The purpose of this paper is to model analysts’ forecasts. The paper differs from the previous research in that we do not focus on how accurate these predictions may be. Accuracy may indeed be an important quality but we argue instead that another equally important aspect of the analysts’ job is to predict and describe the impact of jump events. In effect, the analysts’ role is one of scenario prediction. Using a Bayesian-inspired generalised method of moments estimation procedure, we use this notion of scenario prediction combined with the structure of the Morgan Stanley analysts’ forecasting database to model normal (base), optimistic (bull) and pessimistic (bear) forecast scenarios for a set of reports from Asia (excluding Japan) for 2007–2008. Since the estimation procedure is unique to this paper, a rigorous derivation of the asymptotic properties of the resulting estimator is also provided.
We present a novel optimisation approach for incentive contract design within a project setting. the structure of the remuneration is one of the key challenges faced by the project owner when (s)he decides to hire a contractor. The proposed technique builds on the recently proposed contract design methodology by Kerkhove and Vanhoucke (Omega, 2015). Specifically, a novel multi-objective scatter search heuristic is proposed and implemented using parallelisation. Both single- and multi-population implementations of this heuristic are compared to the original full-factorial approach as well as commercial optimisation software. The results of the computational experiments indicate that the single-population parallel scatter search procedure significantly outperforms the other solution strategies in terms of both speed and solution quality.
Modeling electricity storage to address challenges and opportunities of its applications for smart grids requires inter-temporal equalities to keep track of energy content over time. Prevalently, these constraints present crucial modeling elements as to what extent energy storage applications can enhance future electric power systems' sustainability, reliability, and efficiency. This paper presents a novel and improved mixed-integer linear problem (MILP) formulation for energy storage of plug-in (hybrid) electric vehicles (PEVs) for reserves in power system models. It is based on insights from the field of System Dynamics, in which complex interactions between different elements are studied by means of feedback loops as well as stocks, flows and co-flows. Generalized to a multi-bus system, this formulation includes improvements in the energy balance and surpasses shortcomings in the way existing literature deals with reserve constraints. Tested on the IEEE 14-bus system with realistic PEV mobility patterns, the deterministic results show changes in the scheduling of the units, often referred to as unit commitment (UC).
Erden, Zeynep; Ben-Menahem, Shiko; von Krogh, Georg; Schneider, Andreas; Koch, Guido; Widmer, Hans (R J Communications & Media World Ltd, 2019)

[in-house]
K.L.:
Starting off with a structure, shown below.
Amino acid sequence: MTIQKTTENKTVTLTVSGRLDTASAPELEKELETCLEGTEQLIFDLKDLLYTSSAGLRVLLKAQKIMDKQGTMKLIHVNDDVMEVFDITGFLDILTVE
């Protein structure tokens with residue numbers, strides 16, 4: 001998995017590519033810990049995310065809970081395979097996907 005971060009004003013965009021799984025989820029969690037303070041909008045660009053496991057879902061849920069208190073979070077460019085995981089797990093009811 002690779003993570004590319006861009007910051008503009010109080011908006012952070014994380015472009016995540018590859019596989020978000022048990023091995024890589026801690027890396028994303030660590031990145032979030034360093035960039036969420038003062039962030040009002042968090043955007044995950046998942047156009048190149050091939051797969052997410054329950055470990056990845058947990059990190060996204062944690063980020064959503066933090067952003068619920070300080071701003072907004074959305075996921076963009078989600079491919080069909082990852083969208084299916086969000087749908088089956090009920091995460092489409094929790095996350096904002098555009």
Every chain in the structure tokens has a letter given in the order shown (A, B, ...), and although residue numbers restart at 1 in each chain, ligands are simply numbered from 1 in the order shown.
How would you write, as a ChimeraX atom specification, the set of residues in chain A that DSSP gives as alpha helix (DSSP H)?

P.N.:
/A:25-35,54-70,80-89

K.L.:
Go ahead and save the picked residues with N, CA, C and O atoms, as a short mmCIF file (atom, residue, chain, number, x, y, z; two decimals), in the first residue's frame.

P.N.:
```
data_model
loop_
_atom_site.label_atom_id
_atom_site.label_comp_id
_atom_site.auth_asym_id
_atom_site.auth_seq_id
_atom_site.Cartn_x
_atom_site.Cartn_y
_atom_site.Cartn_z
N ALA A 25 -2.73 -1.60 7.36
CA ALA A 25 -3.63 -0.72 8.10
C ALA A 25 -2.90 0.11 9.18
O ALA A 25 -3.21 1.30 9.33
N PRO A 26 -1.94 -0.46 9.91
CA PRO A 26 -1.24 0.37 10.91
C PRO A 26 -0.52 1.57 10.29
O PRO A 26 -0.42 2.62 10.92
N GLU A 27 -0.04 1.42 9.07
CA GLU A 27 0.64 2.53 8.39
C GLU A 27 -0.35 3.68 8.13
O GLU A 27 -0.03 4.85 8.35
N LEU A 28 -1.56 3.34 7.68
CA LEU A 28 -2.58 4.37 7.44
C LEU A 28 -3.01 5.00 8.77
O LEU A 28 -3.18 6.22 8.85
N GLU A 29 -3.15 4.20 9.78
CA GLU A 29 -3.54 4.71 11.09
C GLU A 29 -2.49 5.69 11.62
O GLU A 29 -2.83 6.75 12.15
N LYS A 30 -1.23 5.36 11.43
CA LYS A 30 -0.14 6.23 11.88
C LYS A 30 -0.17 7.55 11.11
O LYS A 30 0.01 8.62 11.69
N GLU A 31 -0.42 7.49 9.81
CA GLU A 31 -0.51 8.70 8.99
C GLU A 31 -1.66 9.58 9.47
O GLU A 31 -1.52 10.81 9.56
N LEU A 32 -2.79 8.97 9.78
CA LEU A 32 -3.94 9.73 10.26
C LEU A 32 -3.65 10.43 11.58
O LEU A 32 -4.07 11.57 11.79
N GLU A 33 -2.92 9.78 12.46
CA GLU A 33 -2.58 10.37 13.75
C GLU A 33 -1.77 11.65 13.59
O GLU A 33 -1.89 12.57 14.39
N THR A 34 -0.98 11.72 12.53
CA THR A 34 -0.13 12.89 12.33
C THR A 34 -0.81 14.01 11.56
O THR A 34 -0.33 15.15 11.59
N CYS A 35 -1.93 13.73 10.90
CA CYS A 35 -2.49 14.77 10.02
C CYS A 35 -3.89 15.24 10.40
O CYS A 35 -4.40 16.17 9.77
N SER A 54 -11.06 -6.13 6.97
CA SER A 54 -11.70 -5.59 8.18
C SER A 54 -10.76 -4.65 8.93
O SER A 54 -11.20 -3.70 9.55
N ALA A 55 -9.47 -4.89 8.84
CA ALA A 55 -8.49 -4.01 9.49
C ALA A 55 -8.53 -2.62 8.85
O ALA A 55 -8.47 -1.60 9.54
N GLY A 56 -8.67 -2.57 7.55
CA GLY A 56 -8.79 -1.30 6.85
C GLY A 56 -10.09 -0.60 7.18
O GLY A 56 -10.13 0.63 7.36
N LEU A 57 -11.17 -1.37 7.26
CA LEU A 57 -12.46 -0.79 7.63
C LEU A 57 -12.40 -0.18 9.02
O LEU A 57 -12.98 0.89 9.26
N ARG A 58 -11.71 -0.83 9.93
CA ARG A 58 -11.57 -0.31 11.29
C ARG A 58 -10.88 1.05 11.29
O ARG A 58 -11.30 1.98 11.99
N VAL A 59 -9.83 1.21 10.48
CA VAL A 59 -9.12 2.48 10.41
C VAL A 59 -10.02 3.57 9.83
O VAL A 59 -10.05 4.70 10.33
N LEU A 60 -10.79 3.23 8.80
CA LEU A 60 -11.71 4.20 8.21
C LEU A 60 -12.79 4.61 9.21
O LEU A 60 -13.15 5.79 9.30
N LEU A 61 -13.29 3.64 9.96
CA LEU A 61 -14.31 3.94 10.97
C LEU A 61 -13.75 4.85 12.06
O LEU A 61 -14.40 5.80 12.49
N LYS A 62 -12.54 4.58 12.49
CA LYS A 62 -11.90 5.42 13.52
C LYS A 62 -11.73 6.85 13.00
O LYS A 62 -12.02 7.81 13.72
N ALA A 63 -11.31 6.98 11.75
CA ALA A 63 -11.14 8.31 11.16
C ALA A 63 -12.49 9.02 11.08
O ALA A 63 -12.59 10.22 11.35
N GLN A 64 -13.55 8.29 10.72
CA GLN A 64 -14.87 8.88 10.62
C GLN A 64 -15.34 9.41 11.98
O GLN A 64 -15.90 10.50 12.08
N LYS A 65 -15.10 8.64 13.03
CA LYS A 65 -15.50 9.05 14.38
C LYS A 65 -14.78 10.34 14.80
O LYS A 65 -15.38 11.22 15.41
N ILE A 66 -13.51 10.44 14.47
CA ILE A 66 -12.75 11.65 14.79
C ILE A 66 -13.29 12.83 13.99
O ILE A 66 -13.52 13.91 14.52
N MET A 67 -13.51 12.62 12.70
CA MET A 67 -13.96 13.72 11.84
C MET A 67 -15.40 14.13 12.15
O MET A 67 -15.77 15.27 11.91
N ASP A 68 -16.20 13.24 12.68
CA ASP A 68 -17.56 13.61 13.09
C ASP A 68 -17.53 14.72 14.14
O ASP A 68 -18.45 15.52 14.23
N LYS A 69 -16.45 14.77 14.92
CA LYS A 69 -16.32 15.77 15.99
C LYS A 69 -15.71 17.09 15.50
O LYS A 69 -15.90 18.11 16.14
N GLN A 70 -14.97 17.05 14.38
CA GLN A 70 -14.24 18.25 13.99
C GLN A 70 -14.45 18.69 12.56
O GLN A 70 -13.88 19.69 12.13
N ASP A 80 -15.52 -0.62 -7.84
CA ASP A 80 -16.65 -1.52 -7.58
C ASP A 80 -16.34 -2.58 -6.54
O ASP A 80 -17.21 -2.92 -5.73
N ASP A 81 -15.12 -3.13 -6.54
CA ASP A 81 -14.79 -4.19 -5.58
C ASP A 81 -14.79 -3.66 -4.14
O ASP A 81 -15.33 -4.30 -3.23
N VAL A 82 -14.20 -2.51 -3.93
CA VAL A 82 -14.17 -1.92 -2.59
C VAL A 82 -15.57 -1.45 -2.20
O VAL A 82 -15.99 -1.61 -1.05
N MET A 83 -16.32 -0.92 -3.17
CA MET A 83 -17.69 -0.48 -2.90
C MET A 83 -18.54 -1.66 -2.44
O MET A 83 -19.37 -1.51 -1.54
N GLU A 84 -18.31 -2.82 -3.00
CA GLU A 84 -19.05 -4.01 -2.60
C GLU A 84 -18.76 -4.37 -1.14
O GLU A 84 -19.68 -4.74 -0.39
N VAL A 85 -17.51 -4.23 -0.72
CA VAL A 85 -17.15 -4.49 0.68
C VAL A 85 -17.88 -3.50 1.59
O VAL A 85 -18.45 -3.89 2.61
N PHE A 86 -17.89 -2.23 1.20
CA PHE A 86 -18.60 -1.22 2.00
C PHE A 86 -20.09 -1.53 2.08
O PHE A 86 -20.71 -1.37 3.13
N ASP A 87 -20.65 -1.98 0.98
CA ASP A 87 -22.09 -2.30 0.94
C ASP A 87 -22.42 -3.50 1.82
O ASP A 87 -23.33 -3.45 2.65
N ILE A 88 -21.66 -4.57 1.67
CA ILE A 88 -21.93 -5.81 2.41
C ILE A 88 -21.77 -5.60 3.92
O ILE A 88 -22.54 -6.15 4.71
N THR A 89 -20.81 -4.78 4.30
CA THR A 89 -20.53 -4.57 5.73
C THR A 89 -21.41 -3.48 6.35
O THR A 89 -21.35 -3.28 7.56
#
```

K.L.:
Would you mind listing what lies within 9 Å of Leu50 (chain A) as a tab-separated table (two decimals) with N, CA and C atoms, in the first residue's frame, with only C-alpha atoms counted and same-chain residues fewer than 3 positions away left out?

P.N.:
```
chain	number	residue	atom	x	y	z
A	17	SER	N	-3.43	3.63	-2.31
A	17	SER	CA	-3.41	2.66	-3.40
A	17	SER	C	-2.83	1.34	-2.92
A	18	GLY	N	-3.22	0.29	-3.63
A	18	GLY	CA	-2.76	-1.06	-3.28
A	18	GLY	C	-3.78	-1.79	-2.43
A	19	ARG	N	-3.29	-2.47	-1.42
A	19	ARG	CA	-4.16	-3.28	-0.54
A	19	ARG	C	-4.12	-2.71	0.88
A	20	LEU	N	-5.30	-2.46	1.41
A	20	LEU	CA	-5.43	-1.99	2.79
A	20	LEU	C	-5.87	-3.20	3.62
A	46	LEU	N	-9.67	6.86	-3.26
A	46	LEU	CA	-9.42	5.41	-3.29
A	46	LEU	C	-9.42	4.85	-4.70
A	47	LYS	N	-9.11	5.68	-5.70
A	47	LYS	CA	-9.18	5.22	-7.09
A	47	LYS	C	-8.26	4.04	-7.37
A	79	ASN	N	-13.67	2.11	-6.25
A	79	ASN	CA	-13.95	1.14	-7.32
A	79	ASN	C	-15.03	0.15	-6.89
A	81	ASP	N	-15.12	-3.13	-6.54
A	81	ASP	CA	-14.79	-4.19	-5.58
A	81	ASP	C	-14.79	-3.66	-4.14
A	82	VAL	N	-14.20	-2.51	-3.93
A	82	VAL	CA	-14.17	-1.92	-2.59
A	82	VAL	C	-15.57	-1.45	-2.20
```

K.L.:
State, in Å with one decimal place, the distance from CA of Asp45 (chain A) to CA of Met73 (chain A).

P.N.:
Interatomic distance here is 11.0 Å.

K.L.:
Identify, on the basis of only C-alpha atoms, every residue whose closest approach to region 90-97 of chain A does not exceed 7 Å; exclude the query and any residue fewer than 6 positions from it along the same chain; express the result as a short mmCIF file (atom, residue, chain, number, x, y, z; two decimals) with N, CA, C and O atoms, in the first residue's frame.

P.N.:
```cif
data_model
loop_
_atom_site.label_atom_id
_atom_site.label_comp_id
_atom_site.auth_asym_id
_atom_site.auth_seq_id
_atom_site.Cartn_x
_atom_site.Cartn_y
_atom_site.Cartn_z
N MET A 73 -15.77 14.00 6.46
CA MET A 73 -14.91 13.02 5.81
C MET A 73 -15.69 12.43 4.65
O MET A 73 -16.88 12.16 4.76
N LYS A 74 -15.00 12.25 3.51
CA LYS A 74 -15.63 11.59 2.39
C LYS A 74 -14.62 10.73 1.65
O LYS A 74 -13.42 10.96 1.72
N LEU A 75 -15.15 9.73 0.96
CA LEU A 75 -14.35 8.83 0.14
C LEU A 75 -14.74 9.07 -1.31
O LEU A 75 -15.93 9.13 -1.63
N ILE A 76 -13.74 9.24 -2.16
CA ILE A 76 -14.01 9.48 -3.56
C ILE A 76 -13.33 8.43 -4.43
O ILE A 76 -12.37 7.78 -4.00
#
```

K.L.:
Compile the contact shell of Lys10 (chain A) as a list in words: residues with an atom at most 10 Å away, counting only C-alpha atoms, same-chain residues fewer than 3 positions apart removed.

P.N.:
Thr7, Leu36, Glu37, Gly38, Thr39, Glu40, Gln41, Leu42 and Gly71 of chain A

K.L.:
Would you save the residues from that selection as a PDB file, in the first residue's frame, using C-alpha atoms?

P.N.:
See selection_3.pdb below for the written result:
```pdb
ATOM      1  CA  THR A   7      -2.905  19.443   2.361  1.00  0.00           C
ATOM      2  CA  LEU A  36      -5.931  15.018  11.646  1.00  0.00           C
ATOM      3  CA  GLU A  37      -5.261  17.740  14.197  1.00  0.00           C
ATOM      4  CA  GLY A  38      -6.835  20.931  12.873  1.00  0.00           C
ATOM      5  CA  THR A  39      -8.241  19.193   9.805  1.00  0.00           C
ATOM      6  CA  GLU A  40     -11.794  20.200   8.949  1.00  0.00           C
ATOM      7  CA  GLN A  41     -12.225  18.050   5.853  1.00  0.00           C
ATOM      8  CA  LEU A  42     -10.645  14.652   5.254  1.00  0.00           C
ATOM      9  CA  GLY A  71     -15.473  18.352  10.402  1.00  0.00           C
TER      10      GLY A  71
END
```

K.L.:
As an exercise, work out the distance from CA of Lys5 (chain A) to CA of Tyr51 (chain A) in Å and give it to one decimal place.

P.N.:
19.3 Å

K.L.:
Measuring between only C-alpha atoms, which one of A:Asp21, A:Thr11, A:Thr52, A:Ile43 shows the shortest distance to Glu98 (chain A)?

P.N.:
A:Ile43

Drug discovery teams combine specialists with in-depth knowledge from a variety of scientific disciplines. Such diversity in thought worlds poses a challenging exercise in cross-disciplinary collaboration and project coordination. Based on a longitudinal field study of five projects in a leading pharmaceutical company we present a framework outlining the conditions for effective cross-disciplinary collaboration in drug discovery teams. We show that knowledge creation in multidisciplinary teams relies on a combination of formal team structures and informal co-ordination practices. Formal team structures set the boundary conditions for cross-disciplinary co-ordination. Within their boundaries self-managed sub-teams draw on informal co-ordination practices involving cross-disciplinary anticipation, synchronization and triangulation to overcome knowledge boundaries and high uncertainty. We identify five key insights and two questions which are important for managers to consider for fostering multidisciplinary collaboration in drug discovery.
Purpose:The purpose of this study was to investigate the effect of generational, contextual, and individual influences on Millennials’ career expectations. Design:methodology:approach:Two matched samples of Millennials graduating in 2006 (n = 787) and 2009 (n = 825) filled out a questionnaire regarding their psychological contract expectations, career strategy, and optimism about the labor market in completely different socioeconomic contexts. Findings:Recession is related to lower levels of optimism. During times of recession, Millennials lower their expectations regarding the work-life balance and social atmosphere. However, their expectations regarding job content, training, career development, and financial rewards remain high, suggesting that these expectations are largely embedded within the generation. Moreover, Millennials’ expectations are significantly influenced by individual variables, careerism, and optimism. Implications:This study suggests that managers need to focus their limited resources during times of recession on meeting Millennials’ high expectations regarding their development and careers. Because violating these high expectations can have detrimental effects on a number of outcomes, organizations are encouraged to discover creative and inexpensive ways to provide Millennials with meaningful work, plenty of learning opportunities and career development.:Originality value:By comparing two matched samples of Millennials in two different situations, this study was able to disentangle generational, contextual, and individual influences on Millennials’ psychological contract expectations.
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